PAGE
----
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after waiting about two hours in a queue, just to speak to a customer service agent, we have passengers with special needs, terminal illnesses. and what happened was they prioritise so we could get the next train. we were supposed to travel at 20 past nine, but ended up travelling at ten to three. we had three children in the car with us. one to five. it was extremely hot, uncomfortable, there were no services available. in total, eventually, we spent approximately five hoursjust waiting in queues. there was nowhere to go, there were no refreshments, there were no updates. 12,000 cars are expected at the channel tunnel today and 400 tickets for day trips have been cancelled as the company concentrates on getting holiday—makers on their way. it's blaming unprecedented high temperatures, saying the air conditioning in some of the trains cannot cope, so some carriages are not being used to save
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passengers from sweltering. eurotunnel is apologising to passengers, but it says it cannot control the weather and, as temperatures have been rising once again, so to have the queues. 0vernight some passengers said they had to wait seven hours to get on a train. airports are trying to cope, not only with the heat but also massive demand. uk air traffic controllers are expecting their busiest day of the year. we have had a heatwave and don't get me wrong, the seaside towns in the uk are thriving. but today most people will be flying to spain, still the number one holiday spot for the british market. really interesting, turkey has really grown for summer 2018. it has been quiet, tour operators took the capacity out, that is the big story this summer, that the british are happy to go back to turkey and it is doing really well. and just getting to the airport might prove a challenge. we are expecting a breakdown to happen every four seconds. before you get in your car, check your water coolant levels, check your oil levels,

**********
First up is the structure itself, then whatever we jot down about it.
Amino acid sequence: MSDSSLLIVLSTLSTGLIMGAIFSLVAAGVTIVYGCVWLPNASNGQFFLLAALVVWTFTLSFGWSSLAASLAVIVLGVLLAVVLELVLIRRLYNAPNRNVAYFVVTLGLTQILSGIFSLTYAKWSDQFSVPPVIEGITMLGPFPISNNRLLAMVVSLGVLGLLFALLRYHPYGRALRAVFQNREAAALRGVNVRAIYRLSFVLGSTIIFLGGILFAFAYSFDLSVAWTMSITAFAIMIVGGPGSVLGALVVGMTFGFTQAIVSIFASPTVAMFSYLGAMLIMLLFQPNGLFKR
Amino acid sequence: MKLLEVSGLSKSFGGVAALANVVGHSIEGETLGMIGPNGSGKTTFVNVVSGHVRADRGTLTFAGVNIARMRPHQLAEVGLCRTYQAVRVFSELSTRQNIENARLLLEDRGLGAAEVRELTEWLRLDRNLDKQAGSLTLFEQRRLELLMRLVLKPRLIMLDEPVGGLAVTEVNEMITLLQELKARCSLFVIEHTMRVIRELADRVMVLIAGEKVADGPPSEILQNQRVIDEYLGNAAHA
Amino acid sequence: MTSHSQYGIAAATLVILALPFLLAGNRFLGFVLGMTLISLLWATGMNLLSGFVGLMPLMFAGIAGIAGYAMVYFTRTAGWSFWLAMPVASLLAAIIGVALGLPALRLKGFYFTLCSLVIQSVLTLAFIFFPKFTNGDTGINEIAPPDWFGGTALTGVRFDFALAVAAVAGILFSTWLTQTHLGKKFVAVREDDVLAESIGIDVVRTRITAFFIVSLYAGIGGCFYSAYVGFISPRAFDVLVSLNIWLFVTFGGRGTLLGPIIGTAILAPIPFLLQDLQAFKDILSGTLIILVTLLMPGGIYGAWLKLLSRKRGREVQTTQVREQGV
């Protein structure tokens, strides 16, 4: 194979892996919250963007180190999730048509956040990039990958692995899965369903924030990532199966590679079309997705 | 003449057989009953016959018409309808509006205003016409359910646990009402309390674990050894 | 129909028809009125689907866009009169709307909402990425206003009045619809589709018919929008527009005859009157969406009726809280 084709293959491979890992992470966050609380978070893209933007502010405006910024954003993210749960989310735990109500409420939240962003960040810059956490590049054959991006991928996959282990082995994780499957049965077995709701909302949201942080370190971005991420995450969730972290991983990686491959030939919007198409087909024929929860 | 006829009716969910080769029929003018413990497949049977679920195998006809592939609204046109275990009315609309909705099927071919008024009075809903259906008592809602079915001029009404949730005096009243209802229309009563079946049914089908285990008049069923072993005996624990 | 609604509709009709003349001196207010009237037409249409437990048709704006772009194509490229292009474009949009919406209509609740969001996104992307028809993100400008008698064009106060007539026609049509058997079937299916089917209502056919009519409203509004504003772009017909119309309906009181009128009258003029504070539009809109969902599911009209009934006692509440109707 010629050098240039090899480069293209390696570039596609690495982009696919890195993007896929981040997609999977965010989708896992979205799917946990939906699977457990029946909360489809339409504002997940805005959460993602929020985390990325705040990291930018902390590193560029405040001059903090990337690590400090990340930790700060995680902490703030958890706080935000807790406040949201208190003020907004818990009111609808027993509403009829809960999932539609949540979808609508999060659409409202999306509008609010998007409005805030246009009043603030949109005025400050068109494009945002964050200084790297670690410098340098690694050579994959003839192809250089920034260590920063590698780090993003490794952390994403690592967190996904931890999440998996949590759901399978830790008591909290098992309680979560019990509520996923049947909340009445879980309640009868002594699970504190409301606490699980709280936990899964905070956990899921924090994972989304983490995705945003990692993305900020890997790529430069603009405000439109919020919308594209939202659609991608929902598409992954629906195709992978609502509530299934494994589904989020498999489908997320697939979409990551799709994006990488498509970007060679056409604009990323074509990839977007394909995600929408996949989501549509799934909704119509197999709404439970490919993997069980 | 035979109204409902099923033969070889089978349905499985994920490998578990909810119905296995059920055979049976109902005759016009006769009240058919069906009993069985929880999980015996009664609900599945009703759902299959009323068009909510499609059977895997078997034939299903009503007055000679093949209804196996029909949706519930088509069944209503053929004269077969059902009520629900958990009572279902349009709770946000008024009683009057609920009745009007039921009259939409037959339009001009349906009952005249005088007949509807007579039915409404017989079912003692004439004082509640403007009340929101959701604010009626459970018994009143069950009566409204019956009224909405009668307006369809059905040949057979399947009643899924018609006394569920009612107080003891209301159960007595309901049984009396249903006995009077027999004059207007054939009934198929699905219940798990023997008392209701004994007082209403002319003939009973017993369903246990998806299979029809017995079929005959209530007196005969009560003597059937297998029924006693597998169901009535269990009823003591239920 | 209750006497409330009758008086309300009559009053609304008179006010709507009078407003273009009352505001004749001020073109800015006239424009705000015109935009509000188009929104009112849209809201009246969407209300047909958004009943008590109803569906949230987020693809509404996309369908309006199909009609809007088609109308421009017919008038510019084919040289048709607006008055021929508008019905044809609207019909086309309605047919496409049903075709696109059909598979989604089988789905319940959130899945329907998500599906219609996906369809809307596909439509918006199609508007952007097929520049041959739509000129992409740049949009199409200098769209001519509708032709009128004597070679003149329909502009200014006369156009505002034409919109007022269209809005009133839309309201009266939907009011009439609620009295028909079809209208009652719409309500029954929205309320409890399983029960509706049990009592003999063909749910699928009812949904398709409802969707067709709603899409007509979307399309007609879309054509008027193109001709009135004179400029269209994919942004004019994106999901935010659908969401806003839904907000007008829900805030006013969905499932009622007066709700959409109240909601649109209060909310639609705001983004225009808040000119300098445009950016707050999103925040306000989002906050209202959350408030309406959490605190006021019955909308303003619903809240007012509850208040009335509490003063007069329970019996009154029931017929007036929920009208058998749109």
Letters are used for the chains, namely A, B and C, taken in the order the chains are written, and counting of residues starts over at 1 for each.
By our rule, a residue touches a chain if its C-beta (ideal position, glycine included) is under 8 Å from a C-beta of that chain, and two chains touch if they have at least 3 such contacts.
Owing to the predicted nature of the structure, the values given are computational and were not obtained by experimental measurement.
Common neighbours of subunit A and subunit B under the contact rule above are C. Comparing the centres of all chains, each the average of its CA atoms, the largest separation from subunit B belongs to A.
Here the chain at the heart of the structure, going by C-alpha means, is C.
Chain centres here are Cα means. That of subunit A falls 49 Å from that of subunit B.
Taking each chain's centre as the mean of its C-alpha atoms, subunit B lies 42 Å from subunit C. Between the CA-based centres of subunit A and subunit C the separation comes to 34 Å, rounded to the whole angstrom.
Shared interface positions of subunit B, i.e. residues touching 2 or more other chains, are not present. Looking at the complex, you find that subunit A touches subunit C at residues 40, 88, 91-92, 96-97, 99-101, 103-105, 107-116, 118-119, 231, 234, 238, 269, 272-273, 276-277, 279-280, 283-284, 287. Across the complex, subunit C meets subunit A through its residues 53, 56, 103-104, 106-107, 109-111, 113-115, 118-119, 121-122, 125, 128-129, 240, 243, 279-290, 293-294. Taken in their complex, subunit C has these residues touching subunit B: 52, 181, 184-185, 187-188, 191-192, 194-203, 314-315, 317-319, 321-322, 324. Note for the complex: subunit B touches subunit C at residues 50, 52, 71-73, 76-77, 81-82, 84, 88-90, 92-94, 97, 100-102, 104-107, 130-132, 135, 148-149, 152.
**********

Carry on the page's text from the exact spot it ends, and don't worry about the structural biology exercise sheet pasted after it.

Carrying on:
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check your tire pressure. make sure you have lots of water in the car and also when you travel at slower speeds, if you can handle it, turn your air conditioning off, bring your windows down, let your air circulate in the car and that will alleviate some of the pressure that is probably happening to your engine at the moment. the predicted relief from the heat has already arrived for some. this downpour hit doncaster. rail services on the east coast mainline and across yorkshire have been disrupted after lightning strikes damaged signalling. more storms are on their way, but the july heat records could still be broken. today we will see temperatures on par with yesterday, up into the mid—30s, but the heat and humidity, they will combine across eastern england. some severe storms possible here. the ground is so dry, as well, that could cause flash flooding. in storms and heat, people are advised to take care. the search for a teenager who was last seen in the sea near clacton pier